Systems thinking at American mosques can also generate greater awareness of where we are lacking in service. We need to connect with, cater to, and take care of our elders. We have to dedicate an increased number of programs for them, listen to their wisdom, and help bridge the gap between them and the younger members of the community. Our Mosques also need to pump out programs, events, and social opportunities for the young working adults – counsel them and provide services as they get ready to start a new family, have children, and need new knowledge, skills, and network to be successful in these new roles. Support for new parents, family friendly events, childcare facilities, children’s extra-curricular clubs, and events are direly needed.
Events, sports, academic, and extra-curricular support is another area we can engage in after-school to serve our Pre-teens and Teens. Mosques can especially play an important role in providing such after-school programs in cities where the public schools are failing and children regardless of their faith and background can use extra academic, and extra-curricular support to get ahead in school. Reducing high school dropouts, and developing conscious citizens is a national commitment that many of our resourceful communities and mosques could play an important part in.
All these services need to be provided in right proportions and should be developed strategically in phases to build capacity and to keep everyone engaged. Paid and full time religious leadership and support staff play a key role in making sure that our Mosques are meeting all these needs of our communities and do not become stagnant organizations. Many great Imams – who are youth centered and yet have the ability to connect with the adults in the community, are not able to keep up with the increasing demands for all the services people need. And the mosque boards and trustees are failing to activate the principles of Systems thinking to find a solution.
Systems thinking involves critical thinking about the cause and effect of every decision we make. Our communities are continuously talking about the need for raising more funds, and lack of funds is used as an excuse to justify why the only full time employee at the mosque should be the Imam or if you are lucky you also have a full time Office Manager. But the buck stops there! One of the biggest complains of the American Imams is that the majority of their time gets spent on counseling the community members – issues related to marital relations, parenting conflicts, and mental health. The compensation package is another major area of concern – many organizations are lacking in their salary standards and are not able to attract or sustain talents that are maturing beyond the scope of the current organizations. When the Mosques do not mature and evolve along with its talent – they are losing great human capital resources and are not able to replace these voids. Lack of understanding of this cause and effect relationship has made leaders oblivious to the need for creating the infrastructure needed to allow the Imam to carry out their main responsibilities of spiritual leadership, community relations, vision creation, and program development to name a few.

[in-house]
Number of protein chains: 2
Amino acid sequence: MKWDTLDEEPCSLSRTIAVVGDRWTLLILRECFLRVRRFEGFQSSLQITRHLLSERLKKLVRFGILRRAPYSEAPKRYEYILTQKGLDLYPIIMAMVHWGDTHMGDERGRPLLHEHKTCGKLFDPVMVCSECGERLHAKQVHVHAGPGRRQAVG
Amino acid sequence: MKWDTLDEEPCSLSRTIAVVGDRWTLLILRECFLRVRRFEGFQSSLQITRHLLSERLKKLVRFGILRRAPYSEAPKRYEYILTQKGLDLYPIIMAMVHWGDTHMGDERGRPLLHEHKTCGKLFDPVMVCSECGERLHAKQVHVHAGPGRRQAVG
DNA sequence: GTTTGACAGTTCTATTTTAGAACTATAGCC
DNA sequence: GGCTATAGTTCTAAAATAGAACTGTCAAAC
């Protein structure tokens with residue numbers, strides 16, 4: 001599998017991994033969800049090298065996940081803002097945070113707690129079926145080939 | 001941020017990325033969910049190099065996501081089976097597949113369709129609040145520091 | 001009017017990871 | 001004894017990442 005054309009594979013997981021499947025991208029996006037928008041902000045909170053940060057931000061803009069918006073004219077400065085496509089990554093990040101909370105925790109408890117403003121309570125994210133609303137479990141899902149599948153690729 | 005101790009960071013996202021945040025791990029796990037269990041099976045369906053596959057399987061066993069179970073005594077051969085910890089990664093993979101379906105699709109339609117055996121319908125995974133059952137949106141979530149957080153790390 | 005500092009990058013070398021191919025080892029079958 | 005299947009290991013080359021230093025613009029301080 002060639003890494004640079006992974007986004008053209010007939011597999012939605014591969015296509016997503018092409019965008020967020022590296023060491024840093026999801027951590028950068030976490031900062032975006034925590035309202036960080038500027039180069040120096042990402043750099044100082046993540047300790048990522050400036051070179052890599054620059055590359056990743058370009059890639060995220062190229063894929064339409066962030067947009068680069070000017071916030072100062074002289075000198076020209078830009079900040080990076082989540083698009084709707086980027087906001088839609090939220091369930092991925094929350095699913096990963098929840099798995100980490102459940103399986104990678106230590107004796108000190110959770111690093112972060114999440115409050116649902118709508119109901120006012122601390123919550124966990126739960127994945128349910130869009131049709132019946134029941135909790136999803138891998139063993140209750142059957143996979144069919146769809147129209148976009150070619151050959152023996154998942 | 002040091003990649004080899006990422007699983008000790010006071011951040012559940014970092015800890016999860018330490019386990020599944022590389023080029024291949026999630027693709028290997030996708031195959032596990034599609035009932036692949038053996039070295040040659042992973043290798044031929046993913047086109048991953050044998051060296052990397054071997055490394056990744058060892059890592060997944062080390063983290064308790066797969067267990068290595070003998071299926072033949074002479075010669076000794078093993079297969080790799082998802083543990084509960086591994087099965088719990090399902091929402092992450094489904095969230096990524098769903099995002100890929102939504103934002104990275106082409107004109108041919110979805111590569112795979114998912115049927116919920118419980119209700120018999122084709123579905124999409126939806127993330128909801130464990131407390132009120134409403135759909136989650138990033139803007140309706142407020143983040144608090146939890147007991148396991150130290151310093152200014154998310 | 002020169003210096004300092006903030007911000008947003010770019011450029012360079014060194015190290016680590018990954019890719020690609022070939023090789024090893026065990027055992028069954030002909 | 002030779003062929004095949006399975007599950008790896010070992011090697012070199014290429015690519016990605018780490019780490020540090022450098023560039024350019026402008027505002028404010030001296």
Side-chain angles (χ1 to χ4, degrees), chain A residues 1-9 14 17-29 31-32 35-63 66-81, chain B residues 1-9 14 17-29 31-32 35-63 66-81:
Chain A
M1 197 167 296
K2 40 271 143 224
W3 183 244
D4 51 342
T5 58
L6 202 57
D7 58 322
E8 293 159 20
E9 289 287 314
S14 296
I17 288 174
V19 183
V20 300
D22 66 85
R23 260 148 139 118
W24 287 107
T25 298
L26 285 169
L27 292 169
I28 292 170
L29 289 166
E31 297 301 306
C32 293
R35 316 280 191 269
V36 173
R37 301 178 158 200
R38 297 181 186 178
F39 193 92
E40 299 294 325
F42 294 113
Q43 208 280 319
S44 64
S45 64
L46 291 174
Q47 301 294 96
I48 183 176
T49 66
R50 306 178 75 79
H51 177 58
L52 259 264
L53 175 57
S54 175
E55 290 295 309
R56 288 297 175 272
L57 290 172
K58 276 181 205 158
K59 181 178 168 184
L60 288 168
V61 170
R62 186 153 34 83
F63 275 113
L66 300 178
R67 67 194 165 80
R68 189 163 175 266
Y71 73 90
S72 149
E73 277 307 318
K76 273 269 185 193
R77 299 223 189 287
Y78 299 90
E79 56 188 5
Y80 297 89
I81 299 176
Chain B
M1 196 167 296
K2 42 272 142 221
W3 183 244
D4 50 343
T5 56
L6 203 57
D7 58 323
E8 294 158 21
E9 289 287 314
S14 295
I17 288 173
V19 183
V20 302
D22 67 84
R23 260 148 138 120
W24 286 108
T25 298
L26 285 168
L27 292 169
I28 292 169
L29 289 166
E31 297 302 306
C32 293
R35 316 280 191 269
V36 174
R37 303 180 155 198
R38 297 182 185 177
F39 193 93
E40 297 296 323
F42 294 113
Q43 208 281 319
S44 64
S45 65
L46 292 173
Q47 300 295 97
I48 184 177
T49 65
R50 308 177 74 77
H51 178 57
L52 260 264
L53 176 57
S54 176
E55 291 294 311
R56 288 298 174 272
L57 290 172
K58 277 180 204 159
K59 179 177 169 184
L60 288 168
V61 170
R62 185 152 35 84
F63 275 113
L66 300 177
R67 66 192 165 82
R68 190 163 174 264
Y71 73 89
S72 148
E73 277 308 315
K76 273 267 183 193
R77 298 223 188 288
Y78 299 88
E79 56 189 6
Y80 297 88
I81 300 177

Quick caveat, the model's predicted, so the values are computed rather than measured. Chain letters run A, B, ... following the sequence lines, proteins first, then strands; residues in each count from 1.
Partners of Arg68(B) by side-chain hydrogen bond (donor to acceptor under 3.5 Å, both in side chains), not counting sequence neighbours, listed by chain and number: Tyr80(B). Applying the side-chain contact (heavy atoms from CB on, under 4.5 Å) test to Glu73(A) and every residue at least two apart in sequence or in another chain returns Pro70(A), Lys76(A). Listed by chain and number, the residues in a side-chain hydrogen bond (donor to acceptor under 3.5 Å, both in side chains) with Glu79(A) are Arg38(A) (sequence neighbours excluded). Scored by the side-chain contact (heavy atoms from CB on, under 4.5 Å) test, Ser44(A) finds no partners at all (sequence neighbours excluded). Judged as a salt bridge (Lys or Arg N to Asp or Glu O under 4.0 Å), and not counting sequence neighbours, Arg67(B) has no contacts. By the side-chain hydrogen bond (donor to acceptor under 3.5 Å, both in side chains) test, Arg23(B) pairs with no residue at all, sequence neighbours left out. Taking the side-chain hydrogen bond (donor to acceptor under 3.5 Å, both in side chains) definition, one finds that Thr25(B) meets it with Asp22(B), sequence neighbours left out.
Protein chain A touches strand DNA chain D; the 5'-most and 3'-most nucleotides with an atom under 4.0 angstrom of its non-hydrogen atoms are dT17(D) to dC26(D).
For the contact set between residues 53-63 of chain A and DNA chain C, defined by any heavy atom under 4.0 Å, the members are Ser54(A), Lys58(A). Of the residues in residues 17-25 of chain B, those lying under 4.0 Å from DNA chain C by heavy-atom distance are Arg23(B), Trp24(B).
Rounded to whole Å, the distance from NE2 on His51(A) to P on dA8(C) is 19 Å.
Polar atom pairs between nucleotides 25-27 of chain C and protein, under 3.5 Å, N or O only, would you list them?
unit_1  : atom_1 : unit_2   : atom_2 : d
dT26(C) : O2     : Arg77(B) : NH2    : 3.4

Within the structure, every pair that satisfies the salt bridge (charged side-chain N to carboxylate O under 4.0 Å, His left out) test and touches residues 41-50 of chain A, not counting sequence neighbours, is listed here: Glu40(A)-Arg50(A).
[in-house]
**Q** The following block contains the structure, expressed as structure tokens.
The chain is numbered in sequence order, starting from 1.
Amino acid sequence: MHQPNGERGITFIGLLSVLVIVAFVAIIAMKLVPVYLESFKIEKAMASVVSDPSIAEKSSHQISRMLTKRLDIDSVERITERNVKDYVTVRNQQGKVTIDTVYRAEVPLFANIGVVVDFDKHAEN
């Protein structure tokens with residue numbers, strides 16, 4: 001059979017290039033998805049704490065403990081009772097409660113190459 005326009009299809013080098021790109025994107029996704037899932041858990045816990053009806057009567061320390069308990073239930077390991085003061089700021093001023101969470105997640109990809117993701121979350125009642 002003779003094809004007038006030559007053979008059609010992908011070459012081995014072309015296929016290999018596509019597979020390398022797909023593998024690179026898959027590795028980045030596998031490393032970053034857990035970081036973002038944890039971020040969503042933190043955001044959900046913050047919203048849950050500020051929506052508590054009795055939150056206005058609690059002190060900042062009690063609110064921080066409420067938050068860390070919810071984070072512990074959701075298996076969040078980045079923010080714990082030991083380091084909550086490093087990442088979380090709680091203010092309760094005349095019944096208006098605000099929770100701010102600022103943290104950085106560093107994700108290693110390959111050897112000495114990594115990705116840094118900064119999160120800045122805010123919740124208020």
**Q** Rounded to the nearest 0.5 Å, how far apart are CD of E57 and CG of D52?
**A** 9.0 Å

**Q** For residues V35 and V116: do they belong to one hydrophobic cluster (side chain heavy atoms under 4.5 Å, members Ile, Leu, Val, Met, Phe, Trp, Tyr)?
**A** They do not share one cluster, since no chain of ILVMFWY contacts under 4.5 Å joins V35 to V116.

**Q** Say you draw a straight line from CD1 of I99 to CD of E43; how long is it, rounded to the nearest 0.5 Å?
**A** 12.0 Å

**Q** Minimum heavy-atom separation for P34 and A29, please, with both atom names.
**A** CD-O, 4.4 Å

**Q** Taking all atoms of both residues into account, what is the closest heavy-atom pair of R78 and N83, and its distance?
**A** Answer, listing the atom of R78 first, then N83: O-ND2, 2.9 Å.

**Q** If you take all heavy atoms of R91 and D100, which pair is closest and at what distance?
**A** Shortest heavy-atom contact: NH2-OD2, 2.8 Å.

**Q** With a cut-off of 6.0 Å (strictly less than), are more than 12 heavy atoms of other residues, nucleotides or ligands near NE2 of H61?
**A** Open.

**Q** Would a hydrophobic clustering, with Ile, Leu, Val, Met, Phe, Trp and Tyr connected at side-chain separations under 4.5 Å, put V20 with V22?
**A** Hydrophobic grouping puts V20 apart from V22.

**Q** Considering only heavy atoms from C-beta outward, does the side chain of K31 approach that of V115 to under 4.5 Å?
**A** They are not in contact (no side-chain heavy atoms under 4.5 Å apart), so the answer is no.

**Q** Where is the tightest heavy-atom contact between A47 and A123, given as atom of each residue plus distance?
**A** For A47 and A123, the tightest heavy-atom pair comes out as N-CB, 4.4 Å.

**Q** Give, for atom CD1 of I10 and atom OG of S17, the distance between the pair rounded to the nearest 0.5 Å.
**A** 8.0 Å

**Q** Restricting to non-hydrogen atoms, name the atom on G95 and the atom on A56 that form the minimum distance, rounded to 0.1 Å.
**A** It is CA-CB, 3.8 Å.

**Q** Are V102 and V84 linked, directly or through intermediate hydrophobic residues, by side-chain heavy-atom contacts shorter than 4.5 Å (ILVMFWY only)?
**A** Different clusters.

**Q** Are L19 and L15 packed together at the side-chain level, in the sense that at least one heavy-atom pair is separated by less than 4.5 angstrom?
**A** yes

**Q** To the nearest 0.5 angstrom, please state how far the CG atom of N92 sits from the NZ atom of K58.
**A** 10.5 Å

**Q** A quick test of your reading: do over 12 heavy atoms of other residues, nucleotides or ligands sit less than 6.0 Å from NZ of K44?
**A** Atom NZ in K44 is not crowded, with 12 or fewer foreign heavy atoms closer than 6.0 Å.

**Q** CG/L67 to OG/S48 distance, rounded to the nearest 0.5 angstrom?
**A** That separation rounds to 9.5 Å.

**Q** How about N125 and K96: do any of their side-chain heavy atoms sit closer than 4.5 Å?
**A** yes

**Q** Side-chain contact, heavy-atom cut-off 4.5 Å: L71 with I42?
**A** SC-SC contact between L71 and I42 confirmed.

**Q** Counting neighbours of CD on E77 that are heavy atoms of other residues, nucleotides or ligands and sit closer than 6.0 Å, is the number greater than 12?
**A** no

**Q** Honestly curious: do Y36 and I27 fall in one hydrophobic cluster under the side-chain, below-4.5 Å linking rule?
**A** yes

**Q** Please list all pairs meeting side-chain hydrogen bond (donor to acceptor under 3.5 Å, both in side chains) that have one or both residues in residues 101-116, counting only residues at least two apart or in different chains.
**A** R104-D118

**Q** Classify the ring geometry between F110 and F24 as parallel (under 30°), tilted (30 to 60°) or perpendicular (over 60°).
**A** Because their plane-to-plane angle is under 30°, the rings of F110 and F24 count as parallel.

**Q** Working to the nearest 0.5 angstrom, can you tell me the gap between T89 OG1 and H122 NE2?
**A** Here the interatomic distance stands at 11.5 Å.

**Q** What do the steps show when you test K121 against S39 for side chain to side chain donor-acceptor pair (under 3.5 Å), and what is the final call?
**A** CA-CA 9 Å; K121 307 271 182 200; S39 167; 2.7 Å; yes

Time Delay, and Unintended Consequences are important concepts of Systems thinking that are playing out in the American mosques. Untrained Mosque leaders do not understand why expanded services are needed often-using lack of funding once again as the excuse. While adding other important personnel such as the full time community counselor, and the youth director are pertinent to the growth and long-term survival of these organizations. Structures training and reflective exercises based on the Systems thinking principles can tremendously help the boards realize how the whole system works over time, and shift their mindset to assume responsibilities they were not ready to accept otherwise: that you have to give a little now to get a lot back in time – that increased services and participation are the keys to eventually bring in the financial support they are always looking for. Consider the following Systems View for example:
Figure 1.1 -Understanding the entire system of cause and effect relationships, the time delays of return on investments in our community, and the harmful unintended consequences of quick fixes based on partial short term systems view can help shift the mindset of the Mosque leaders across the US.
• Senge, P. M. (2006). The fifth discipline: The art and practice of the learning organization. New York: Doubleday/Currency.